- Click on the Add button. In the Add/Edit Listeners dialog box, select your Server name, and then select your IP Address on the internal interface you want to use for the listener. Type in a Display Name so that you can identify this listener among other Outgoing Web Requests listeners you may have configured. Configure your desired authentication options. The default settings enable Integrated authentication. Integrated authentication is no good for your external network clients since they won’t be logged into your domain. Digest authentication can be used, but it requires an Active Directory domain and IE 5.0 or above. User passwords also have to be saved with reversible encryption enabled, which can be a horrendous hassle if you have thousands of users who need to change their passwords to enable the reversible encryption. Basic authentication is the most flexible option, but then your credentials are passed in clear text. This can be a real problem, since anyone who can listen on the wire will be able to capture user names and passwords. You won’t be able to use client certificate authentication to authenticate with the listener, as it doesn’t work with browser clients; that option is used when configured upstream Web Proxy servers. Your most secure option (in terms of protecting user credentials) is probably to allow anonymous connections. Click OK after making your selections.
- If you want to allow anonymous connections to the Outgoing Web Requests listener, make sure that the Ask unauthenticated users for identification option is not enabled. You have to be careful about this option, because it is a global one. If you require authentication for your external network users, you will also have to force authentication for your internal network users. You don’t have to enable SSL listeners because that only applies when the ISA Server is an upstream server in a Web Proxy chain. Click Apply and select the Save the changes and restart the service(s) option. Then click OK and click OK again.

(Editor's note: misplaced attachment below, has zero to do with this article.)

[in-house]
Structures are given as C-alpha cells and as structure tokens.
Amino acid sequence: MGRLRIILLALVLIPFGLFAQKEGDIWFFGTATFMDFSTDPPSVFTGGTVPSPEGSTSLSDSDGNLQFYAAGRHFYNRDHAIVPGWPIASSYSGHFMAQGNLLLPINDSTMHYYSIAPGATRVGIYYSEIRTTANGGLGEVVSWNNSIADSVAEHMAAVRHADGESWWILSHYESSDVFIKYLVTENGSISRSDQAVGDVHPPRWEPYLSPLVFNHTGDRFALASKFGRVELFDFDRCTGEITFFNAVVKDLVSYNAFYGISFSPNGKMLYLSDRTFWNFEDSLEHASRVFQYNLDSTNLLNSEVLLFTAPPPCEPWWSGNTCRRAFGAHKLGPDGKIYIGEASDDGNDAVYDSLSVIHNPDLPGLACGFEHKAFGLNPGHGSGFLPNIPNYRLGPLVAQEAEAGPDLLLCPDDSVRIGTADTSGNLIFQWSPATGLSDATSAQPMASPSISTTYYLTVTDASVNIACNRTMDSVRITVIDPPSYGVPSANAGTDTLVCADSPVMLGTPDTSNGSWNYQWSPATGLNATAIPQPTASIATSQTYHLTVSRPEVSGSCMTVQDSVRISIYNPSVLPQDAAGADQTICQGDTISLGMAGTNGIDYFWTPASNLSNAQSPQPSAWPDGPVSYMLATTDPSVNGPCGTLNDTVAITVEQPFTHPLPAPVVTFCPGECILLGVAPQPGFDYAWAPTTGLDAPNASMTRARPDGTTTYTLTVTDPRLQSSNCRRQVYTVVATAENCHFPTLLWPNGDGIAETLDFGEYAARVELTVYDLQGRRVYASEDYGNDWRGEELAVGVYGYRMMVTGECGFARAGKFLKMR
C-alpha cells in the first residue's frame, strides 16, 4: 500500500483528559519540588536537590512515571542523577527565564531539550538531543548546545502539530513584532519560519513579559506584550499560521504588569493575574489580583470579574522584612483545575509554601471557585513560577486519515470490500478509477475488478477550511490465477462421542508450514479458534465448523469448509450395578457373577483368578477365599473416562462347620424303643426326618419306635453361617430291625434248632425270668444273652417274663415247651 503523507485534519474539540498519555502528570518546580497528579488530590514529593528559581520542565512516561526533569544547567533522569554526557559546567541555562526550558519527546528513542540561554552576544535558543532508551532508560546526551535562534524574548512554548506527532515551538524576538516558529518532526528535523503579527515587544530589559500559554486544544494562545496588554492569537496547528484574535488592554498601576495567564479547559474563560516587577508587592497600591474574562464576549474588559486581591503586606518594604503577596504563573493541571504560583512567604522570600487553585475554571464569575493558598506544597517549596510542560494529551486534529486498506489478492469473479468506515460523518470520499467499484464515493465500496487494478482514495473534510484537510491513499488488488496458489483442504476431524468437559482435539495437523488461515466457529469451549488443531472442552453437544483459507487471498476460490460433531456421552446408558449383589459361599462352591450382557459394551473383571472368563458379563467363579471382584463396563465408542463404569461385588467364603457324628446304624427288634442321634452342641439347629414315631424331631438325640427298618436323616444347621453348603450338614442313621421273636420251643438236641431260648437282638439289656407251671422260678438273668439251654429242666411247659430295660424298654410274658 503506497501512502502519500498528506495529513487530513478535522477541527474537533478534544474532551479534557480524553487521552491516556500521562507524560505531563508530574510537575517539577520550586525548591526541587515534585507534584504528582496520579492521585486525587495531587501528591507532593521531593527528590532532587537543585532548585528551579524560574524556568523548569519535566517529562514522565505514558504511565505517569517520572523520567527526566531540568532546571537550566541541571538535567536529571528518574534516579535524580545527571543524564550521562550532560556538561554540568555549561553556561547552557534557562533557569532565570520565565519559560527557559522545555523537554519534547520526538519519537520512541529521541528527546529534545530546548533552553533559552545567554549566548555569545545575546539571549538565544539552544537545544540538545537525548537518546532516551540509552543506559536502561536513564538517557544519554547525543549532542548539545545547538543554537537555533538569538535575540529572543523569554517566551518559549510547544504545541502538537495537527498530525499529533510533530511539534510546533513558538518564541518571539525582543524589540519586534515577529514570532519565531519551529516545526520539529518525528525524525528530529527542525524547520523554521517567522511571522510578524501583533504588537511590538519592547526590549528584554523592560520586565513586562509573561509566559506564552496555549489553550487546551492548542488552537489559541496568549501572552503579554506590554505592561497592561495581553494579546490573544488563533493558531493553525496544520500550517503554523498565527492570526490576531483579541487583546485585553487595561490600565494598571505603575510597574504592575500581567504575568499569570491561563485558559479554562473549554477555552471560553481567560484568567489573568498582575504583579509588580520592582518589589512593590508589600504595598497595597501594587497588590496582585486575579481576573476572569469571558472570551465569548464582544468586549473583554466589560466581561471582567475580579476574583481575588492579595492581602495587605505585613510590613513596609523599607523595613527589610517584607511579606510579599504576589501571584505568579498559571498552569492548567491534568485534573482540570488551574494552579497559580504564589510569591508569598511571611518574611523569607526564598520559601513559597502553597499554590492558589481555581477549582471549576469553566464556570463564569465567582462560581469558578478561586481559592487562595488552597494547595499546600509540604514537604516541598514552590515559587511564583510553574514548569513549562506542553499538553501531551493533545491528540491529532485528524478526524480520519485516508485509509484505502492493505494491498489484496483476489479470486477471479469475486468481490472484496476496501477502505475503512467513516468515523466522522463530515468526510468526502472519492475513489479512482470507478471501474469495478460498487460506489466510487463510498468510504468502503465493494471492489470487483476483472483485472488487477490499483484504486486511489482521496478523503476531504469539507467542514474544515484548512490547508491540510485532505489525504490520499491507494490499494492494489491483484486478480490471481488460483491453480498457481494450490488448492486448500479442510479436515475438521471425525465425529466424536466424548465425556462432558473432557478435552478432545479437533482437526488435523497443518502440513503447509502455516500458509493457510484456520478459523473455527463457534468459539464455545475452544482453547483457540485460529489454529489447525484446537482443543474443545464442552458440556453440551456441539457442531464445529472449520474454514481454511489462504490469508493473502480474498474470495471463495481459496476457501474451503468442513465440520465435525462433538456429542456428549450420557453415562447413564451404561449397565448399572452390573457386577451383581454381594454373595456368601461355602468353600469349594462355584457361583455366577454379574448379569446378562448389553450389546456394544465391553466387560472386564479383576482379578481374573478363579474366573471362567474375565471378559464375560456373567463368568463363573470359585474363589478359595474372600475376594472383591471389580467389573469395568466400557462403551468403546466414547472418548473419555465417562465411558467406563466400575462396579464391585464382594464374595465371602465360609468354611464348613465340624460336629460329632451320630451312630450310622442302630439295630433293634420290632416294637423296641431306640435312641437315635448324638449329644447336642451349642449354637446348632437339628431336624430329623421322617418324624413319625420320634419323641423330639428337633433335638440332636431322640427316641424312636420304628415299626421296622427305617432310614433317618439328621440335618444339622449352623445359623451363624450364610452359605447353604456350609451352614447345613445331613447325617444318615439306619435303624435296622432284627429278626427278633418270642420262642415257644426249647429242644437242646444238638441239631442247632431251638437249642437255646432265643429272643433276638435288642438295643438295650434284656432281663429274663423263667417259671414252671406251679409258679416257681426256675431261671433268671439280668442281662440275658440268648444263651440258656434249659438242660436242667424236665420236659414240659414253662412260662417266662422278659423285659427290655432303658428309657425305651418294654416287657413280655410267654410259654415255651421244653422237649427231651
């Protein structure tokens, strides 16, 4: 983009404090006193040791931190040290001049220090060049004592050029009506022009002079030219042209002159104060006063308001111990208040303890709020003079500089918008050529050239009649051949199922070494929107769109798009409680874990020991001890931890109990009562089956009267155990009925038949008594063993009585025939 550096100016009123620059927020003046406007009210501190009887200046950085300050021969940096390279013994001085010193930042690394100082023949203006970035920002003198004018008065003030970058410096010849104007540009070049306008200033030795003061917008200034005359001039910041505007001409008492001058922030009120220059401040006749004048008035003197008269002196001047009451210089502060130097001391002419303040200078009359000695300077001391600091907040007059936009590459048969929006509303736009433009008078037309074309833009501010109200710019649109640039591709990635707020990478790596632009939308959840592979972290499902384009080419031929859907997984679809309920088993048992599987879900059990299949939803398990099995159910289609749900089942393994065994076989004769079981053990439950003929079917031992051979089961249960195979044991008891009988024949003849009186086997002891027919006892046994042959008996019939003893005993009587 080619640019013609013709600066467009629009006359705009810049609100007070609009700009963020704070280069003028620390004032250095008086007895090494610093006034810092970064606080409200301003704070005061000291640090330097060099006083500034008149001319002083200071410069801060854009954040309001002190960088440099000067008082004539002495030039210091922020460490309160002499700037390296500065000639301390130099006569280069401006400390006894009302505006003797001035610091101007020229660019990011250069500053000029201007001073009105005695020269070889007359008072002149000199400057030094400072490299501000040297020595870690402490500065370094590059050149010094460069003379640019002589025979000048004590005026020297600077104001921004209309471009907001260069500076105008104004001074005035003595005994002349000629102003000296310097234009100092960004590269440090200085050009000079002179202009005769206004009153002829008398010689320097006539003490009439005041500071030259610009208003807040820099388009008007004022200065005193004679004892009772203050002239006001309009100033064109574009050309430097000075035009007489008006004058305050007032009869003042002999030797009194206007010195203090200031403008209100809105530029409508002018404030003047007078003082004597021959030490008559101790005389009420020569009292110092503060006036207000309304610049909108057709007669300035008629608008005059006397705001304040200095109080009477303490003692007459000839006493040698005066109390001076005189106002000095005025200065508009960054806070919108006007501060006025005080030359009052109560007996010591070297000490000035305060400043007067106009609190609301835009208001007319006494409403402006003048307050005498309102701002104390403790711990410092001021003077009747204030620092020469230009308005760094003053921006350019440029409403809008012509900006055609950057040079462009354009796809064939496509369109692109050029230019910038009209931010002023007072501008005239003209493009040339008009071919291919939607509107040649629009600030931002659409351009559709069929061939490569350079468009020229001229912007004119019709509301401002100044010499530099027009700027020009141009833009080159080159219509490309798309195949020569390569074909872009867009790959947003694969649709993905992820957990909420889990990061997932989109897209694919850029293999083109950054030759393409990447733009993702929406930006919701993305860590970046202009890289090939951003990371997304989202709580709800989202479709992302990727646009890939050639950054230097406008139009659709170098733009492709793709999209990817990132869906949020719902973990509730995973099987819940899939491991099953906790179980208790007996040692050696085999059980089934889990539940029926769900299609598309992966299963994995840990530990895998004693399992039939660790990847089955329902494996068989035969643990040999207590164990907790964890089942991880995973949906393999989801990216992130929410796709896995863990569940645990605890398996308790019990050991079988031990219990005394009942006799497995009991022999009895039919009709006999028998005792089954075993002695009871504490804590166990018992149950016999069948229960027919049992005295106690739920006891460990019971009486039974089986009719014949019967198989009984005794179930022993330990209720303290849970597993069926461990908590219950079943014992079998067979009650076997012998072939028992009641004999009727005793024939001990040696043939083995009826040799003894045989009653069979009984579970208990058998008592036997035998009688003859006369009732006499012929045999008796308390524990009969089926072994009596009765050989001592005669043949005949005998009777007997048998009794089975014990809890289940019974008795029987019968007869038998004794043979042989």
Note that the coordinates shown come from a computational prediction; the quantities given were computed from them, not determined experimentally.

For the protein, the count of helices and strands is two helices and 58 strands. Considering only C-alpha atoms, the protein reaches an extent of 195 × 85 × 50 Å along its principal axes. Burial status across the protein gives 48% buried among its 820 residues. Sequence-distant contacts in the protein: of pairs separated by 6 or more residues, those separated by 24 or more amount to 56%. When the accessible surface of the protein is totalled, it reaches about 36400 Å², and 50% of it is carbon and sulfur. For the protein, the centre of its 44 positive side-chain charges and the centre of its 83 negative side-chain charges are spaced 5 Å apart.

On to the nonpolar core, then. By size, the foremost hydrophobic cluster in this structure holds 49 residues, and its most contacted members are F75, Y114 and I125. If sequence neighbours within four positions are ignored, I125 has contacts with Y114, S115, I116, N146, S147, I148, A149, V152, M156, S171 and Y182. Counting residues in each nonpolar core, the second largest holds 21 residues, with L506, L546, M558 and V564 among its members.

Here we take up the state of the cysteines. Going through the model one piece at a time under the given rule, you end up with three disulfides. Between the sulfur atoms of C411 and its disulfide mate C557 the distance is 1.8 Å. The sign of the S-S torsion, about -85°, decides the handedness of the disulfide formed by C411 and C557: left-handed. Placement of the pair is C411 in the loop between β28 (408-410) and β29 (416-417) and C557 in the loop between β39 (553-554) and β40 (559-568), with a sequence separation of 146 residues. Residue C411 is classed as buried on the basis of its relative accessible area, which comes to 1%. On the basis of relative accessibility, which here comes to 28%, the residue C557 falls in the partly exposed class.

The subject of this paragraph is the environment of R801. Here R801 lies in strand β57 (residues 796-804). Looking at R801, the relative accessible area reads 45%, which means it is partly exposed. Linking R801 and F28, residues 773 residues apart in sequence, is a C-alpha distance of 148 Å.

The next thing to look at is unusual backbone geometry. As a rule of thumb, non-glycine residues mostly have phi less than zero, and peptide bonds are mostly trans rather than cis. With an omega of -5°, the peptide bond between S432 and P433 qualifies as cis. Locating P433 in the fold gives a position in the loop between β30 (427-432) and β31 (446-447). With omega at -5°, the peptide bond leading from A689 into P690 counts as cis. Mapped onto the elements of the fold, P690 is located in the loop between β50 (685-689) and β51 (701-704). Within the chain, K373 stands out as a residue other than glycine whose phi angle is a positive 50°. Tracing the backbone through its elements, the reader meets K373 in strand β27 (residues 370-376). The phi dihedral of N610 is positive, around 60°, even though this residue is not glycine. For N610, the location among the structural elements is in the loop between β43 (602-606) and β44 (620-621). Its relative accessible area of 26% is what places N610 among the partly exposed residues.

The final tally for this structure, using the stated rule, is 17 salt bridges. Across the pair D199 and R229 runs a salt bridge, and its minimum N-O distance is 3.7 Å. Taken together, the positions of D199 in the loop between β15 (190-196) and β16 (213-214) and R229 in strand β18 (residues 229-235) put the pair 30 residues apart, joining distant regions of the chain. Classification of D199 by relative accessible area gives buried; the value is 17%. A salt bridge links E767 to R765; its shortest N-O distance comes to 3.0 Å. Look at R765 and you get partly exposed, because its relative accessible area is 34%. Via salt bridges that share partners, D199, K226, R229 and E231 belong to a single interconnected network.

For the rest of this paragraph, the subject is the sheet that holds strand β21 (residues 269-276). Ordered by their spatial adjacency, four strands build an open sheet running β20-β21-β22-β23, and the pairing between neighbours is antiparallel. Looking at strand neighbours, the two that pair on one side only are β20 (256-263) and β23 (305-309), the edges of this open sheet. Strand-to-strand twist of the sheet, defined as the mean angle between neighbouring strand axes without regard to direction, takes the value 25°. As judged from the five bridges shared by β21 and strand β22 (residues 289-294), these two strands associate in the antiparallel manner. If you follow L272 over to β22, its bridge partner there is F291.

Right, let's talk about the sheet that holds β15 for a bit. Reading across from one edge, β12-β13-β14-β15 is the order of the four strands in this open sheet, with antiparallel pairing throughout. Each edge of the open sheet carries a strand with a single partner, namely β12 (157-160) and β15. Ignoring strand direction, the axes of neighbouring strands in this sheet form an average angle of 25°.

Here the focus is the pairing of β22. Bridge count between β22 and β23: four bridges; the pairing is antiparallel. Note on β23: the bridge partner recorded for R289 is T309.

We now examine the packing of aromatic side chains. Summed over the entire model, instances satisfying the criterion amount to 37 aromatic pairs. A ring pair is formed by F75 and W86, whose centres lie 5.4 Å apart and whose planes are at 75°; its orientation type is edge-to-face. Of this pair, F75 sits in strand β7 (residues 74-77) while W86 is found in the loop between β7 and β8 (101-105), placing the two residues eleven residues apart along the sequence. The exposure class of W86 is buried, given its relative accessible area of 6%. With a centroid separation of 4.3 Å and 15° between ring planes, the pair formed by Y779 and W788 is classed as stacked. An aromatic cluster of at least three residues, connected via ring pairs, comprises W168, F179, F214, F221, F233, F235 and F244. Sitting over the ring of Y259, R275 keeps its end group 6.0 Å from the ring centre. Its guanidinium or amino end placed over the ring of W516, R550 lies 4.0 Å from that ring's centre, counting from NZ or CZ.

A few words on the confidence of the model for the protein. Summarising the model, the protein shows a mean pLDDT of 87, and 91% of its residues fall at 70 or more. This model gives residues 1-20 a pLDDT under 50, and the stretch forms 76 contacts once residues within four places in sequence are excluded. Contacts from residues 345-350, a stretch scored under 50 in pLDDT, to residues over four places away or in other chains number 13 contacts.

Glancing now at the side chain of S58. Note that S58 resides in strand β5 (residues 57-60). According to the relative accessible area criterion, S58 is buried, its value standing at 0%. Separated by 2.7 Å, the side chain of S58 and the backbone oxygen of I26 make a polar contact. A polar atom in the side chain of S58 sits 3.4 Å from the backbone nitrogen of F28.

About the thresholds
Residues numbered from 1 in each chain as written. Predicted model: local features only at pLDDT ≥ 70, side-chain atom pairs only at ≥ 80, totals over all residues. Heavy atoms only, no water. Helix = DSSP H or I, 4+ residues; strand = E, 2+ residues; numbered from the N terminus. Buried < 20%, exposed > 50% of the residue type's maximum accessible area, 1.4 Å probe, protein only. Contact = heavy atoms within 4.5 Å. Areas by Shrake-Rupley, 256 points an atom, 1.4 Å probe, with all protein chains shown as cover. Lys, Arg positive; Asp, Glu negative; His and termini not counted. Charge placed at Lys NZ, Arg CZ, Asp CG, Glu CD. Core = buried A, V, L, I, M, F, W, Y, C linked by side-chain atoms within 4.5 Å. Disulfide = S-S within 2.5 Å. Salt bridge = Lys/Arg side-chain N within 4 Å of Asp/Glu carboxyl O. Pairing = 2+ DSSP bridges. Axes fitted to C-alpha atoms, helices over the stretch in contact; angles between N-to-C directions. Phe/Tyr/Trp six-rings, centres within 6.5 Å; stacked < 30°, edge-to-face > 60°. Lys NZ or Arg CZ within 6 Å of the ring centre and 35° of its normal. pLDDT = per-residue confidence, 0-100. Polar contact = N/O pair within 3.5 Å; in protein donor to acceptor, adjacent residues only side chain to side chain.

Disable the IIS W3SVC on the ISA Server
Do you have to disable the WWW service on the ISA Server? No, but I guarantee that your ISA Server admin life will be easier and you’ll have a more secure configuration. Perform the following steps to disable the IIS Web Publishing Service:
- Click Start and the point Programs. Point to Administrative Tools and click on Services.
- Scroll down to the World Wide Web Publishing Service and double click on it. Click the Stop button. After the service stops, click the down arrow in the Startup type drop down list box and select Manual. Click Apply and then click OK.
- Now the WWW service will no longer start automatically after rebooting the server.
Create the Outgoing Web Requests Listener Protocol Definition
The Outgoing Web Requests listener listens on TCP port 8080 by default. There’s no reason to change this, so we’ll create a Protocol Definition for TCP port 8080 inbound. Perform the following steps to create the Protocol Definition:
- In the ISA Management console, expand your server name and then expand the Policy Elements node. Right click on Protocol Definitions, point to New and click on Definition.
- In the Welcome to the New Protocol Definition Wizard page, type in a name for the rule. Let’s call it Incoming Web Requests and click Next.
- On the Primary Connection Information dialog box, enter 8080 in the Port number text box. The Protocol type is TCP. The Direction is set for Inbound. Click Next.
- On the Secondary Connections page, select the No option. You don’t need secondary connections when configuring the Outgoing Web Requests Protocol Definition. Click Next.
- Review your settings and click Finish on the Completing the New Protocol Definition Wizard page.
The new Protocol Definition should now appear in the right pane of the console.